North Korea's rapid progress in developing nuclear weapons and missiles capable of reaching the United States mainland has fuelled a surge in regional tension and UN-led sanctions appear to have failed to bite deeply enough to change its behaviour.
The U.N. Security Council unanimously imposed new sanctions on North Korea on August 5 that could slash its $3 billion annual export revenue by a third.
The "lax enforcement" of existing sanctions and Pyongyang's "evolving evasion techniques" were undermining the United Nations goal of getting North Korea to abandon its nuclear and ballistic missile programmes, Kyodo quoted the report as saying.
DPRK media outlet Korean Central News Agency warned in a brief statement that the exercises would "further drive the situation on the Korean Peninsula into a catastrophe".
Unlike the March exercise, UFG doesn't include live fire drills and happens concurrently with drills by local governments and civil servants to prepare South Korea's civil defenses.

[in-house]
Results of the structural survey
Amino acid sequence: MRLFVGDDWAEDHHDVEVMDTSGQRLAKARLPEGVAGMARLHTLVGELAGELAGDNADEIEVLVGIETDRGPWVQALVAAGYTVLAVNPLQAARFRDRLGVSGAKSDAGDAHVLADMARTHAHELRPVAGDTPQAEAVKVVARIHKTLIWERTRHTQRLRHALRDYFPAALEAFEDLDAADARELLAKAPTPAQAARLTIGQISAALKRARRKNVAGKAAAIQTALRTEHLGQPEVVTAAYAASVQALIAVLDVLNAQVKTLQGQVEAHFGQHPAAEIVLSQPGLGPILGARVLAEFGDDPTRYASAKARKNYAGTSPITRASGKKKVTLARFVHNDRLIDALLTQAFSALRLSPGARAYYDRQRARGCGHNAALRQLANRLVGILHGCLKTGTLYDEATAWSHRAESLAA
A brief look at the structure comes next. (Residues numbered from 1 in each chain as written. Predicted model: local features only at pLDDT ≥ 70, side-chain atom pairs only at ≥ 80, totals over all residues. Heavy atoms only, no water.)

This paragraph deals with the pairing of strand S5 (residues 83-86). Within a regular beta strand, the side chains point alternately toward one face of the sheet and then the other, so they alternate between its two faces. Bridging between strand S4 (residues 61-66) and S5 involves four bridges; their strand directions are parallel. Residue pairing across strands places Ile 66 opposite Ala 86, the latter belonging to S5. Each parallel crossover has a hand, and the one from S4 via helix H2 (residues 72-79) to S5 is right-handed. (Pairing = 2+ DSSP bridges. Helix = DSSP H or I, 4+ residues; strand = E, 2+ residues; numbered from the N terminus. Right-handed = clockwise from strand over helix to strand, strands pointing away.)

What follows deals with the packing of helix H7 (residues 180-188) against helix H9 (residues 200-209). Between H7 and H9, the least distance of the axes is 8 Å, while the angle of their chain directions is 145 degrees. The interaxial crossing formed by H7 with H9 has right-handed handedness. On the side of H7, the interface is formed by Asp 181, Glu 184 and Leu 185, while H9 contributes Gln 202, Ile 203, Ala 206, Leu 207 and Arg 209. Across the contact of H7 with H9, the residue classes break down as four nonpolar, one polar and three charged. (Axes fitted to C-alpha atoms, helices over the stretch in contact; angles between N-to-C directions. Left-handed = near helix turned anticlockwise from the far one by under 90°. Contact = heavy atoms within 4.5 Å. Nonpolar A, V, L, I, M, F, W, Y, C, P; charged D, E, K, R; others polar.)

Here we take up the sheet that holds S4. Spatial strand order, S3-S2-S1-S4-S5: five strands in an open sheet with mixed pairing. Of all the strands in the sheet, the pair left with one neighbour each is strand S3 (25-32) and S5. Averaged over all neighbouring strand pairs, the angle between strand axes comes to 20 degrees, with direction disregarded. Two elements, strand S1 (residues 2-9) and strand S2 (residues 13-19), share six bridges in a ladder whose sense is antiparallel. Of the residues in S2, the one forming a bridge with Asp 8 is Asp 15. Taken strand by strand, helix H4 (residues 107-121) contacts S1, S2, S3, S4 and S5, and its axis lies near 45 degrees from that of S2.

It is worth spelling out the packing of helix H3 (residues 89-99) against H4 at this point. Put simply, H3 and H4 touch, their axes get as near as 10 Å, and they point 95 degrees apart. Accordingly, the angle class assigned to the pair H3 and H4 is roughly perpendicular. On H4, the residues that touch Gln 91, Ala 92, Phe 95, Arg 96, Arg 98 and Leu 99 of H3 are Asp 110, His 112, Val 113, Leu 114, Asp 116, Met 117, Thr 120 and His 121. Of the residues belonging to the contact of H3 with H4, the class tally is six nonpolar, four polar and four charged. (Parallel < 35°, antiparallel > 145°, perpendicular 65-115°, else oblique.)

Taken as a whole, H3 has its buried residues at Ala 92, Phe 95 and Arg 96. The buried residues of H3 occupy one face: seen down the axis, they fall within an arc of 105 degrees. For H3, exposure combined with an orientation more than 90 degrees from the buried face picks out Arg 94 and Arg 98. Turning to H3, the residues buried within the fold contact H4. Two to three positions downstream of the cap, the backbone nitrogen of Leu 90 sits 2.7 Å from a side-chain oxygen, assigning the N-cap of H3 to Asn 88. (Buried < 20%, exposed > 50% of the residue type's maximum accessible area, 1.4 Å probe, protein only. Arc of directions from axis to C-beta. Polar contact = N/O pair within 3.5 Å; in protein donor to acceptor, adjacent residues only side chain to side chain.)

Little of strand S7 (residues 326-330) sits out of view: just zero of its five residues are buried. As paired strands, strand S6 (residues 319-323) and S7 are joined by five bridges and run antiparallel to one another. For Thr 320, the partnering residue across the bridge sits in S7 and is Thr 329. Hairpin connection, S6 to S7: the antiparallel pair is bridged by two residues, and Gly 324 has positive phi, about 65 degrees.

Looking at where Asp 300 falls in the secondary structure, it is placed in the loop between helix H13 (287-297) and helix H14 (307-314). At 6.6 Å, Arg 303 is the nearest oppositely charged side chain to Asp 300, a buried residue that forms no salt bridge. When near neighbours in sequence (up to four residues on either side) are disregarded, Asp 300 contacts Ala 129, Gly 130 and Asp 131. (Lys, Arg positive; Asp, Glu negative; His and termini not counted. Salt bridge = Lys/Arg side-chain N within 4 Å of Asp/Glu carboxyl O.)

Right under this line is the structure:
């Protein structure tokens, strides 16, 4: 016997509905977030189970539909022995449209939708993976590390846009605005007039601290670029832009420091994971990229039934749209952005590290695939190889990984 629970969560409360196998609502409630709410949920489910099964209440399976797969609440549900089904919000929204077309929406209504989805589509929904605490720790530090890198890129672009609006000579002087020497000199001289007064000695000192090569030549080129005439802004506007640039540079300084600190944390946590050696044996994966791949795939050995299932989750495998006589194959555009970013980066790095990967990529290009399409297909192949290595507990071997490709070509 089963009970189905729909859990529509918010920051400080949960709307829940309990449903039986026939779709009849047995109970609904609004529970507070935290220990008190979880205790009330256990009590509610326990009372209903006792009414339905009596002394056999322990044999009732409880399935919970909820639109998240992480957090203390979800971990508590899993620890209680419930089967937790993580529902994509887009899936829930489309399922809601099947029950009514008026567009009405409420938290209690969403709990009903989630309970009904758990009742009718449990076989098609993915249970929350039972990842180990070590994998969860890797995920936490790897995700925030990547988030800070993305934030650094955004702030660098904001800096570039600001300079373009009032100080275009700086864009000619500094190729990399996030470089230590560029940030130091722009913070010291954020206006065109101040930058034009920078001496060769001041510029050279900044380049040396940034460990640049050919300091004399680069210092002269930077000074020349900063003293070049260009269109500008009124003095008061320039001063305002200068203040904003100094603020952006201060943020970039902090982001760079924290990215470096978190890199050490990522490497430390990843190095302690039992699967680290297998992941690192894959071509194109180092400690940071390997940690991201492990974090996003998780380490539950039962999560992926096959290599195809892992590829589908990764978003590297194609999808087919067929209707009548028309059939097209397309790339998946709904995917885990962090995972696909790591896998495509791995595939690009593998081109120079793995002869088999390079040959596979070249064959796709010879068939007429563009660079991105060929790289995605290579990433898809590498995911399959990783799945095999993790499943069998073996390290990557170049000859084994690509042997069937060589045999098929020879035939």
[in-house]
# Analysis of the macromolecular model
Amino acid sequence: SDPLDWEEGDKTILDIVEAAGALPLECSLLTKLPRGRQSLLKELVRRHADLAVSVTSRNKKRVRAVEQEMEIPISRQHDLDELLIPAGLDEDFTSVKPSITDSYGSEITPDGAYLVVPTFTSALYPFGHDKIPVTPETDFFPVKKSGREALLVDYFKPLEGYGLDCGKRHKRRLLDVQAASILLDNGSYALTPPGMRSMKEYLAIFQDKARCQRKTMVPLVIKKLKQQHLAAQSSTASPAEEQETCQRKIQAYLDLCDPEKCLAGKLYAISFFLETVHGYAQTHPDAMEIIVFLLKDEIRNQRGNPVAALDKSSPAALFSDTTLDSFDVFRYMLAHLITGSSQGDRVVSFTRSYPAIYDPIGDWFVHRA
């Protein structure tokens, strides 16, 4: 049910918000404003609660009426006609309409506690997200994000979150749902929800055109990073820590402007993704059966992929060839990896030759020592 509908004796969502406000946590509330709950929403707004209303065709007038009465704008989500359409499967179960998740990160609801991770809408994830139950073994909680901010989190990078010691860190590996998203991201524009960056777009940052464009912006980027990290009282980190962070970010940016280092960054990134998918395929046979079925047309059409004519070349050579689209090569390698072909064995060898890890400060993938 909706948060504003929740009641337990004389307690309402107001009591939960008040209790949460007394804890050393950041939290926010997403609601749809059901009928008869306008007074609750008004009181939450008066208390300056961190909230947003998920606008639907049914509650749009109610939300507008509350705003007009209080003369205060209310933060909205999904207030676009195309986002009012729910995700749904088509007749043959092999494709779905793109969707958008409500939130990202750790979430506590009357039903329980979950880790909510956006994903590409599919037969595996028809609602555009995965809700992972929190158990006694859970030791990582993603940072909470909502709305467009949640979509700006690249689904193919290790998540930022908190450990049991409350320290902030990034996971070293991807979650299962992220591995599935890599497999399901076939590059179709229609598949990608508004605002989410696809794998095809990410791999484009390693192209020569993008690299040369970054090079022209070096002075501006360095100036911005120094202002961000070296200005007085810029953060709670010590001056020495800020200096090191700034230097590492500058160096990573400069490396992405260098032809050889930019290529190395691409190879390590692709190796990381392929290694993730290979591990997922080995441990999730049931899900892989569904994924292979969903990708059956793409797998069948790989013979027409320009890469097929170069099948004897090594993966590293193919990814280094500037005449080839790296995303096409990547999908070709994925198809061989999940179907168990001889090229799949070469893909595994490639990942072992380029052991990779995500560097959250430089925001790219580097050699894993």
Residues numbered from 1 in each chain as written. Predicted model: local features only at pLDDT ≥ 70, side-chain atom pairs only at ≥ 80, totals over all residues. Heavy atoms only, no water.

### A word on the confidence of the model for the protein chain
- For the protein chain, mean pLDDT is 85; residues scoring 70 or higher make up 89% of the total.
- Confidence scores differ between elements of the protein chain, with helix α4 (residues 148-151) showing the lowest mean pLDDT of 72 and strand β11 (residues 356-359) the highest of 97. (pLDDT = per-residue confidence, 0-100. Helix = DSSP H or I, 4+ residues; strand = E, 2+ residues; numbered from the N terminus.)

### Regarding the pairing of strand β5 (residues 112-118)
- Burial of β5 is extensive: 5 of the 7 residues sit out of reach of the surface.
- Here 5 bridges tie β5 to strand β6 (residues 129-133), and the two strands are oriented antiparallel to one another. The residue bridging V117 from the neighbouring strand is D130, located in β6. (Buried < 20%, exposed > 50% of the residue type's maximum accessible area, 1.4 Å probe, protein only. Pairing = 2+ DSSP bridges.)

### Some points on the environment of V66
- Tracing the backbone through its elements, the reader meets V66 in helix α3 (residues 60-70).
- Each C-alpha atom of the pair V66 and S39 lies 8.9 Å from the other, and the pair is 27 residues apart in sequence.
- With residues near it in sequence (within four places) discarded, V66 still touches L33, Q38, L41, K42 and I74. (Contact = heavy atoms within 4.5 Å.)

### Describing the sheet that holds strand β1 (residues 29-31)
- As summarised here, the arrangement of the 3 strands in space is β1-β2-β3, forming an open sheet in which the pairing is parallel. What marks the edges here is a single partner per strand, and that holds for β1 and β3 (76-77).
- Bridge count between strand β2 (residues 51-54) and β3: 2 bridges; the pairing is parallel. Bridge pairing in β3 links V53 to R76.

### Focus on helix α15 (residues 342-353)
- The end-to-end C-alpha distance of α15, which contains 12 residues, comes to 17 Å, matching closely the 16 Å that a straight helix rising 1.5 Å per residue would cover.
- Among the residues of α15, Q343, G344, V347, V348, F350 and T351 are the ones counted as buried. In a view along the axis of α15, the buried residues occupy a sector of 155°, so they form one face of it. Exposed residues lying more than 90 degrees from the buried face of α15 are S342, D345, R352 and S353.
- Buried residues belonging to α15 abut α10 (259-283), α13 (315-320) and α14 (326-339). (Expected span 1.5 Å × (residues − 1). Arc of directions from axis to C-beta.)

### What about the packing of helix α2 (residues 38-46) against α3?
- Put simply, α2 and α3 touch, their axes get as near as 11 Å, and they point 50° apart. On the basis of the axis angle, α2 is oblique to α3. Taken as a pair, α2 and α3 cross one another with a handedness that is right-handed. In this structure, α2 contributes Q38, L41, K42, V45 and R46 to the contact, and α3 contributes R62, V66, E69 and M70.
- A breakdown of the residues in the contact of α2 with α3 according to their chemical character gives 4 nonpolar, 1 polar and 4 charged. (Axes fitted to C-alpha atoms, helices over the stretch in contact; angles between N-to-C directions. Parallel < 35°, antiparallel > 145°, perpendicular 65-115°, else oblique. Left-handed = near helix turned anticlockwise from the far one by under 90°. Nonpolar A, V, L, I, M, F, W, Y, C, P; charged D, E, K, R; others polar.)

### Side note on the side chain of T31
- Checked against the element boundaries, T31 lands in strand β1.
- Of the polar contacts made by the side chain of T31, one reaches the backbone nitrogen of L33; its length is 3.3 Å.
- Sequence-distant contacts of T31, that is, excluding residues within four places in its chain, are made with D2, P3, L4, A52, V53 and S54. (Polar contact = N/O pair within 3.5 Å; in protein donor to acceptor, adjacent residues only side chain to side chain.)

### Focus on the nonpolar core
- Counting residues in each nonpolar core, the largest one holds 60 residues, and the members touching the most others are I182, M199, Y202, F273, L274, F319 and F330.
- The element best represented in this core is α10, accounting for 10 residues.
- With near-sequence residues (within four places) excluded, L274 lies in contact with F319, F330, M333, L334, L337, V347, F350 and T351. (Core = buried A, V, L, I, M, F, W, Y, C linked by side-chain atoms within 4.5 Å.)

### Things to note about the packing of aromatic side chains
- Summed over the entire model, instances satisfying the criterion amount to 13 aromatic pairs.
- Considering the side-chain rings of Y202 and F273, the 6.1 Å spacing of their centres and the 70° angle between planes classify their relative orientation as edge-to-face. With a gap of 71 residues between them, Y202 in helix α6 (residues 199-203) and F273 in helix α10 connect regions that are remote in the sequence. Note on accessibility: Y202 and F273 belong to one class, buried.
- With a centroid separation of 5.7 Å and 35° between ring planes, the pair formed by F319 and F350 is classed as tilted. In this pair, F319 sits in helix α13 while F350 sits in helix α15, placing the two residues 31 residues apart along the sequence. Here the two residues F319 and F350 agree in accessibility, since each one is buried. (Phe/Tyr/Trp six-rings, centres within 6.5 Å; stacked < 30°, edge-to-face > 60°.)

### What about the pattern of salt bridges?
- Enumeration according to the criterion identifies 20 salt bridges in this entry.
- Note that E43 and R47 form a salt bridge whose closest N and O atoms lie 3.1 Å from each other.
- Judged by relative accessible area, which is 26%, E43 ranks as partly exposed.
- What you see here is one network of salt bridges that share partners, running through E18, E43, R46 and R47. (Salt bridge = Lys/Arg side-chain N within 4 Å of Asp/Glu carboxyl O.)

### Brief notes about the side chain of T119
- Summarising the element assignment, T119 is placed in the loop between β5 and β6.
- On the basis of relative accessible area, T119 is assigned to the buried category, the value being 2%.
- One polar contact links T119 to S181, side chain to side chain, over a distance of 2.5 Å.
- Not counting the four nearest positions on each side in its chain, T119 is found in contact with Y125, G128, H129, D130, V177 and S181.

Last month, South Korea too formally proposed opening talks with North Korea to reduce tensions along the border after North Korean defiant regime successfully launched an ICBM having capability of striking Alaska in the US.
It involves tens of thousands of South Korean soldiers.
Moon said North Korea should neither distort South Korea's efforts to maintain peace nor indulge in provocative acts, which worsen situations, under the pretext of this exercise.
"The drills deal with all the steps involved in a war, of course, towards victory", said Moon Seong-mook, a retired South Korean brigadier who regularly participated in the drills until the mid-2000s. However, the US and South Korea maintain they are purely defensive.
The 1950-53 conflict in the region, also known as "The Forgotten War" or "The Unknown War" due to low public attention it received during and after the war, saw more than one million deaths.
The Ulchi Freedom Guardian drills are largely computer-simulated war games held every summer and have drawn furious responses from North Korea, which views them as an invasion rehearsal.
Mr. Turnbull responded by urging the global community to "bring North Korea to its senses".
"If North Korea provokes again, it will face with much harsher sanction and won't stand it in the end".
The writer is a Doha-based journalist.